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his extravagance: he therefore indulged his natural difpofition, and his difpofition, as Rymer has remarked, led him to comedy. In tragedy he often writes with great appearance of toil and study, what is written at last with little felicity; but in his comick scenes, he feems to produce without labour, what no labour can improve. In tragedy he is always ftruggling after fome occafion to be comick, but in comedy he seems to repose, or to luxuriate, as in a mode of thinking congenial to his nature. In his tragick scenes there is always fomething wanting, but his comedy often furpaffes expectation or defire. His comedy pleases by the thoughts and the language, and his tragedy for the greater part by incident and action. His tragedy feems to be skill, his comedy to be instinct.

The force of his comick scenes has fuffered little diminution from the changes made by a century and a half, in manners or in words. As his perfonages act upon principles arifing from genuine paffion, very little modified by particular forms, their pleafures and vexations are communicable to all times and to all places; they are natural, and therefore durable; the adventitious peculiarities of perfonal habits, are only fuperficial dies, bright and pleafing for a little while, yet foon fading to a dim tinct, without any remains of former luftre; but the difcriminations of true paffion are the colours of nature; they pervade the whole mass, and can only perish with the body that exhibits them. The accidental compofitions of heterogeneous modes are diffolved by the chance which combined them; but the uniform fimplicity of primitive qualities neither admits increase, nor fuffers decay. The fand heaped by one flood is scattered by another, but the rock always continues in its place. The ftream of tim, which is continually washing the diffoluble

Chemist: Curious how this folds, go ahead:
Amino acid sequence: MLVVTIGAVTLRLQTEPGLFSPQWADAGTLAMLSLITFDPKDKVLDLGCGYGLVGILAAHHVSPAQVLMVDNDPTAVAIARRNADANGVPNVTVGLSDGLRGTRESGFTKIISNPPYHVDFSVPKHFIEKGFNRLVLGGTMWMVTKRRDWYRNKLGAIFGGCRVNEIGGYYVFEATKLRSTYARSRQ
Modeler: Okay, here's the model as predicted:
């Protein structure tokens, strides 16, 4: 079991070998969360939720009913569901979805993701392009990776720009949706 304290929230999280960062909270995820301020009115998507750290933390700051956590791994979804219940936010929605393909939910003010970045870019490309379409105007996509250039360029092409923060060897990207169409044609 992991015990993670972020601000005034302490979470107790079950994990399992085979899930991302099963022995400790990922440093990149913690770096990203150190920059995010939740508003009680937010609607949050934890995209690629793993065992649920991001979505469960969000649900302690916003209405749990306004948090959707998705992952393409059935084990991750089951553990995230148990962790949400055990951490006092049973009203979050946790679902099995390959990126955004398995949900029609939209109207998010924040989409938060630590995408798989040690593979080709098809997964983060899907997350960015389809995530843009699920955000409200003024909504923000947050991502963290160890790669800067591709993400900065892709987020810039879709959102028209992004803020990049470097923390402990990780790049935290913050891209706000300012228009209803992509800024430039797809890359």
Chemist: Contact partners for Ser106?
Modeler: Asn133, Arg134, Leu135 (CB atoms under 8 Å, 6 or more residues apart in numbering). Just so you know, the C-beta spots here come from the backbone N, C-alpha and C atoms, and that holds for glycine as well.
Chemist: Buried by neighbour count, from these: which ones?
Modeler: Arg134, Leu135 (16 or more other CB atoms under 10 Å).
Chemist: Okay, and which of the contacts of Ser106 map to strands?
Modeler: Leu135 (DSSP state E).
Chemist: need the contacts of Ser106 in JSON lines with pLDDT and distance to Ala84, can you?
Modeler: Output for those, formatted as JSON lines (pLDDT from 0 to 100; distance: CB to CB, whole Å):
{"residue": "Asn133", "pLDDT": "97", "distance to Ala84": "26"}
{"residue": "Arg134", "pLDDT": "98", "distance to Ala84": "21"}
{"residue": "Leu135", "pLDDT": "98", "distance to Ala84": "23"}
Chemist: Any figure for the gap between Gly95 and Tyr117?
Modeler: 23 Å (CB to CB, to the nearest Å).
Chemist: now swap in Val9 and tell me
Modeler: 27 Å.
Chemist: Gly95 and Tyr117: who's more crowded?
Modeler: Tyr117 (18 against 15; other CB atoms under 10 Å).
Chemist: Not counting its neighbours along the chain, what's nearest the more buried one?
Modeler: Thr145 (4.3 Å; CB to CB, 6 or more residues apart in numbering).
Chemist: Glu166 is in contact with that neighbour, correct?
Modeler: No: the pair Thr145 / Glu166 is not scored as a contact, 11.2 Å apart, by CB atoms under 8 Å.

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diffoluble fabricks of other poets, paffes without injury by the adamant of Shakspeare.

If there be, what I believe there is, in every nation, a ftyle which never becomes obfolete, a certain mode of phrafeology fo confonant and congenial to the analogy and principles of its refpective language, as to remain settled and unaltered; this style is probably to be fought in the common intercourse of life, among those who speak only to be understood, without ambition of elegance. The polite are always catching modifh innovations, and the learned depart from established forms of fpeech, in hope of finding or making better; those who wish for distinction forfake the vulgar, when the vulgar is right; but there is a conversation above groffness and below refinement, where propriety refides, and where this poet seems to have gathered his comick dialogue. He is therefore more agreeable to the ears of the present age than any other author equally remote, and among his other excellencies deferves to be ftudied as one of the original masters of our language.